Leaders say company has not shown evidence to back its accusations, and that security guards have been ‘shadowing and harassing our members every day’
PORTLAND, OR (February 28, 2013) – The men and women of ILWU Local 4, who have been working to reach a fair agreement with their multinational grain terminal employers for several months, were locked out of their jobs in Vancouver, Washington, in the early morning of February 27 by Japanese conglomerate Mitsui. The ILWU has represented grain handlers since the 1930’s in Vancouver, Tacoma and Seattle, Washington, and in Portland, Oregon.
Mitsui’s United Grain Corp. accused a single union worker of damaging equipment – based on hidden evidence that has never been shown to the Union or the accused – in order to justify its unlawful and aggressive lockout of its entire Local 4 represented work force. None of the other member-companies of the Pacific Northwest Grain Handlers Association have pursued this punitive and destructive path.
“Mitsui-United Grain has fabricated a story as an excuse to do what they’ve wanted to do all along, which is to lock workers out instead of reach a fair agreement with them,” the ILWU said in a statement on the morning of the lockout. Mitsui unilaterally imposed concessionary terms after Local 4 members rejected the Company’s final offer in December. “This lockout has been part of Mitsui’s plan from the beginning of negotiations. For the past two months Mitsui’s hired security guards have been shadowing and harassing our members every day at the United Grain elevator. This shows they’ve been itching to lock us all out, rather than negotiate a fair contract like their U.S.-based competitors.” said ILWU Coast Committeeman and co-negotiating chairman Leal Sundet.
“Mitsui-United Grain has chosen to announce unfounded charges based on hidden evidence just days after the union membership ratified an agreement with TEMCO, Mitsui-United Grain’s American competitors in Portland, Kalama and Tacoma,” said Sundet.
In the days preceding the Mitsui-United Grain lockout, ILWU Locals 4, 8, 19, 21 and 23 ratified an interim agreement with Mitsui’s U.S.-based competitor, TEMCO. ILWU International President Robert McEllrath stated that the TEMCO agreement “was achieved because American companies, farmers and workers recognize a common interest in our country’s resources and economic well being. That common interest is not reflected in the grain companies that have unilaterally implemented a contract that undermines American working standards at their competing facilities.”
“If Mitsui-United Grain had legitimate concerns about safety or equipment, or especially the conduct of an employee, they would have come to us at the bargaining table. Instead this corporation has chosen to lock out its entire workforce – a blatant example of guilt by association, and a violation of U.S. labor law,” said Rich Austin, Jr, Seattle-based co-negotiating chairman for the union. In November, several multinational grain corporations operating in the Pacific Northwest including Mitsui-United Grain gave ILWU workers a final offer that demanded deep concessions, even though the companies have been successful under the longstanding agreement and impasse had not been reached in negotiations.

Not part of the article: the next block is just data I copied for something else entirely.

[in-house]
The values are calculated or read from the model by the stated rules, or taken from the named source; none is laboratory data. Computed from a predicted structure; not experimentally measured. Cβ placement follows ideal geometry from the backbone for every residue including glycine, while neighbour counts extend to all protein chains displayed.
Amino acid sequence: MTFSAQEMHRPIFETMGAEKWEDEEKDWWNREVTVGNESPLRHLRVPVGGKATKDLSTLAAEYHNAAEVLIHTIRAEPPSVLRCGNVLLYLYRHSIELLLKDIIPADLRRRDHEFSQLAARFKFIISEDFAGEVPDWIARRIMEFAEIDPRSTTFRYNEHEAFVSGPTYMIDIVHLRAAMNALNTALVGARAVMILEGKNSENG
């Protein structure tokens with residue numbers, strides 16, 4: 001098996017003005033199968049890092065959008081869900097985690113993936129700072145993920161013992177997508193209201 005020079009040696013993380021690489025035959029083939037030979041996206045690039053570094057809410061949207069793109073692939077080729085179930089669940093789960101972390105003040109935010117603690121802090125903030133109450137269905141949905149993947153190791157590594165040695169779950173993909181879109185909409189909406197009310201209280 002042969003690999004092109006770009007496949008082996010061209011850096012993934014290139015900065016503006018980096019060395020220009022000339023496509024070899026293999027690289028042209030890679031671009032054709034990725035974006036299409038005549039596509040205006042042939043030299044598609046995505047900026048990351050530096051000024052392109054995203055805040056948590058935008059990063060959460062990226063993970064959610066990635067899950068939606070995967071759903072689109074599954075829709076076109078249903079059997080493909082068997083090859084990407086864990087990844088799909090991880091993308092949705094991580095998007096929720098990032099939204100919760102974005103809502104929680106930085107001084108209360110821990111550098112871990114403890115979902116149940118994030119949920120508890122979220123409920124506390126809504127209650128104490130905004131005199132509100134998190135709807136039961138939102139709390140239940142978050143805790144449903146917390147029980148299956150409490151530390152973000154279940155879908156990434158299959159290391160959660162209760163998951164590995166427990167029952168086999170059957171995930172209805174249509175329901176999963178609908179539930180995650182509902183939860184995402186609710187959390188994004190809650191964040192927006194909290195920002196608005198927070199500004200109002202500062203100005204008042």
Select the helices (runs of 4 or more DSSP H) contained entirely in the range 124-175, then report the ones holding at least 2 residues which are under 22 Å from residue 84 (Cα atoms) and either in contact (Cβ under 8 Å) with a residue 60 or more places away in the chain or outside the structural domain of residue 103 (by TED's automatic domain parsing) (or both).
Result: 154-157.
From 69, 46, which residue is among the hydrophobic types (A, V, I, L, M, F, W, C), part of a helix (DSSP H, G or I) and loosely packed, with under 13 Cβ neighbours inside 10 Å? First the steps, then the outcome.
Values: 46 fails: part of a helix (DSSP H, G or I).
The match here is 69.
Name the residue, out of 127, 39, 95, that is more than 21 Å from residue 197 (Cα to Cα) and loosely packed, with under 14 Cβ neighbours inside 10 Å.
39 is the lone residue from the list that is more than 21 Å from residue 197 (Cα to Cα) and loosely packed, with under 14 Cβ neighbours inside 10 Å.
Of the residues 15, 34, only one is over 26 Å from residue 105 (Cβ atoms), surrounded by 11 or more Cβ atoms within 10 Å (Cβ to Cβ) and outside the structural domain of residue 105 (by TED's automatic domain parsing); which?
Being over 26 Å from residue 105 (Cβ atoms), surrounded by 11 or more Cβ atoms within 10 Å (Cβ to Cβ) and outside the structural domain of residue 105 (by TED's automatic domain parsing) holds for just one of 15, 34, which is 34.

In December, members voted by a 93.8% margin to reject the employers’ concessionary proposal, and called the employer back to the table to continue negotiating. Most of the employers implemented the concessionary proposal in late December. Only TEMCO, a joint venture of Minnesota-based Cargill and CHS, continued talking with the union. Last month, TEMCO and the ILWU reached a five-year deal that was recently ratified by both parties. The TEMCO interim agreement will cover TEMCO’s grain export facilities in Portland, Ore., and in Tacoma and Kalama, Wash. The agreement will be signed and implemented on March 9, 2013, and is subject to modification to reflect an eventual final agreement between the ILWU and the Pacific Northwest Grain Handlers Association.
The ILWU has worked since the 1930s under the Pacific Northwest Grain Handlers’ Agreement, which currently covers six grain terminals owned by:
- Japan-based Mitsui (United Grain in Vancouver),
- Japan-based Marubeni (Columbia Grain in Portland),
- Netherlands-based Louis Dreyfus Commodities (elevators in Seattle and Portland), and
- US-based Cargill and CHS (TEMCO elevators in Tacoma, Kalama and Portland).
The Grain Handlers’ collective bargaining agreement expired on September 29, and all employers except TEMCO imposed the substandard contract three months later. Of all the member-elevators of the Grain Handlers’ Association, only Mitsui’s United Grain has locked out its employees.
The International Longshore and Warehouse Union represents 50,000 men and women on the docks and in other industries in Washington, Oregon, California, Alaska, Hawaii, Canada and Panama.